Knowledge Center


Blue Light Blocker

What’s all the fuss about?

What is blue light?

Why is blue light important?

How is blue light harmful?

What can be done about blue light?

Light, what allows us to see, is much more complicated than what you might know.

All sources of light, from the sun to our phones, flashlights and headlights work by exposing our eyes to a variety of visible and invisible energy. What we see is called the Visible Light Spectrum. We will spare you most of the physics lessons, but a little is necessary. Visible light is composed of energy with wavelengths from roughly 380 – 700 nanometers.

Energy with shorter wavelengths are called Ultra-Violet (UV) and energy with longer wavelengths are known as Infra-Red (IR).

What Is Blue Light?

As we said, visible light is a large spectrum ranging from 380 – 700 nanometers. Blue light is a subsection of this ranging from 380 – 500 nanometers. This is the shortest wavelength of visible light, but has the highest energy levels. This is why Blue Light is sometimes referred to as “High Energy Visible” or HEV light.


Key Points About HEV

Like all energy, including UV, IR and Visible Light radiation, visible HEV — the portion of the visible light spectrum with the shortest wavelengths and highest energy — has both benefits and dangers.

Blue light is everywhere.

Sunlight is the main source of HEV, and being outdoors during daylight is where most of us get most of our exposure to it. But there are also many man-made, indoor sources of HEV, including fluorescent and LED lighting and flat-screen televisions.

Most notably, the display screens of computers, electronic notebooks, smartphones and other digital devices emit significant amounts of HEV. The amount of HEV light these devices emit is only a fraction of that emitted by the sun. But the amount of time people spend using these devices and the proximity of these screens to the user's face have many eye doctors and other health care professionals concerned about possible long-term effects of HEV on eye health.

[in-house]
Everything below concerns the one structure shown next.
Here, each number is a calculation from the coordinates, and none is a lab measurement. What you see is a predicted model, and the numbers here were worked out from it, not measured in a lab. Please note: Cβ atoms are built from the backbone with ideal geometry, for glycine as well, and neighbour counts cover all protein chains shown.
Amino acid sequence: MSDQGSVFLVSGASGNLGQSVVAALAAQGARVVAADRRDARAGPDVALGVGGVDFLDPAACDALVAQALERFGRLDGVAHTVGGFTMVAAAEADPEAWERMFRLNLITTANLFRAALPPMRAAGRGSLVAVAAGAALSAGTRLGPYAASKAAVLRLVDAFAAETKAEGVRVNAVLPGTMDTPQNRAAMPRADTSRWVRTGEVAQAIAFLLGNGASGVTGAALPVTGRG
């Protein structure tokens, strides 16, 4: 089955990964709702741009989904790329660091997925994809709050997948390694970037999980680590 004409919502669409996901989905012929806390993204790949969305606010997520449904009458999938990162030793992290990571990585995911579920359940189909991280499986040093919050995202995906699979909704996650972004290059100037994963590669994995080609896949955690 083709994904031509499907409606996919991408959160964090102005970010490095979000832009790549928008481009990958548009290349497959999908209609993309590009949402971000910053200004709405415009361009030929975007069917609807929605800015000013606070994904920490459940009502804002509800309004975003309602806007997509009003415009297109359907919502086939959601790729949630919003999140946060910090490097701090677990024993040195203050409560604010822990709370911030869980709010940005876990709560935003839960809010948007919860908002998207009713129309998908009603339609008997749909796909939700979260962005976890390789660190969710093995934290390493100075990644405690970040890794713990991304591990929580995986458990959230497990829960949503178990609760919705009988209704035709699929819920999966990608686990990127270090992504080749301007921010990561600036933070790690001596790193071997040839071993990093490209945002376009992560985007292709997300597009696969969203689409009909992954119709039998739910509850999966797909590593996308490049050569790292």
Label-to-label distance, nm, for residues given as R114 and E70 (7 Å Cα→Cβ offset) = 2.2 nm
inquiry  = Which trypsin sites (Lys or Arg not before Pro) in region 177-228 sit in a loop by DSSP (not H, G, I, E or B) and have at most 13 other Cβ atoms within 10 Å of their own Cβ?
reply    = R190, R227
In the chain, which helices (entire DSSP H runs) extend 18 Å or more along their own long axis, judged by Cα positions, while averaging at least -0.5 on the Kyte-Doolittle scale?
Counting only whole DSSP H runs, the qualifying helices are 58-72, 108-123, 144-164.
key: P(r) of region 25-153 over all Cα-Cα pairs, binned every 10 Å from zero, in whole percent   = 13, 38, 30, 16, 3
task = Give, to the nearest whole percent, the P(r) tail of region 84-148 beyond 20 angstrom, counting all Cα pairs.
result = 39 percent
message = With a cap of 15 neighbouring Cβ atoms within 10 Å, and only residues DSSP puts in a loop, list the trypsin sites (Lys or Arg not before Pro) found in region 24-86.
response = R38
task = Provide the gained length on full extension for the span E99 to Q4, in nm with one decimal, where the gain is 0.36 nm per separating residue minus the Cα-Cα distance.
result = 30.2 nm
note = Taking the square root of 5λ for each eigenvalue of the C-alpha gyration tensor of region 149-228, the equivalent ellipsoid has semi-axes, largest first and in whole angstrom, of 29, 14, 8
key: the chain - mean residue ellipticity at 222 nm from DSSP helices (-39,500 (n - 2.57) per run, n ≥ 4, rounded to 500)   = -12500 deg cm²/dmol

The eye is not very good at blocking HEV.

Anterior structures of the adult human eye (the cornea and lens) are very effective at blocking UV rays from reaching the light-sensitive retina at the back of the eyeball. On the other hand, virtually all visible HEV passes through the cornea and lens and reaches the retina. Blue Light filters such as our unique Blue Blockers help keep the HEV from even getting to the eye.

What is so good about HEV?

HEV has many positive effects on the human body. It helps regulate the circadian rhythm. It slows the release of melatonin, therefore boosting alertness. It helps with memory and cognitive function as well as elevating mood. In fact many people with Seasonal Affective Disorder and other similar conditions, obtain relief with Light Therapy utilizing extra HEV exposure.

But too much of a GOOD thing can be BAD.

The amount of natural HEV we would get from spending 3 - 6 hours per day outside in the sunlight is probably optimal. Factor in the different quality from artificial sources (more on this later) as well as the increased exposure in our digital world and we can start to see negative effects.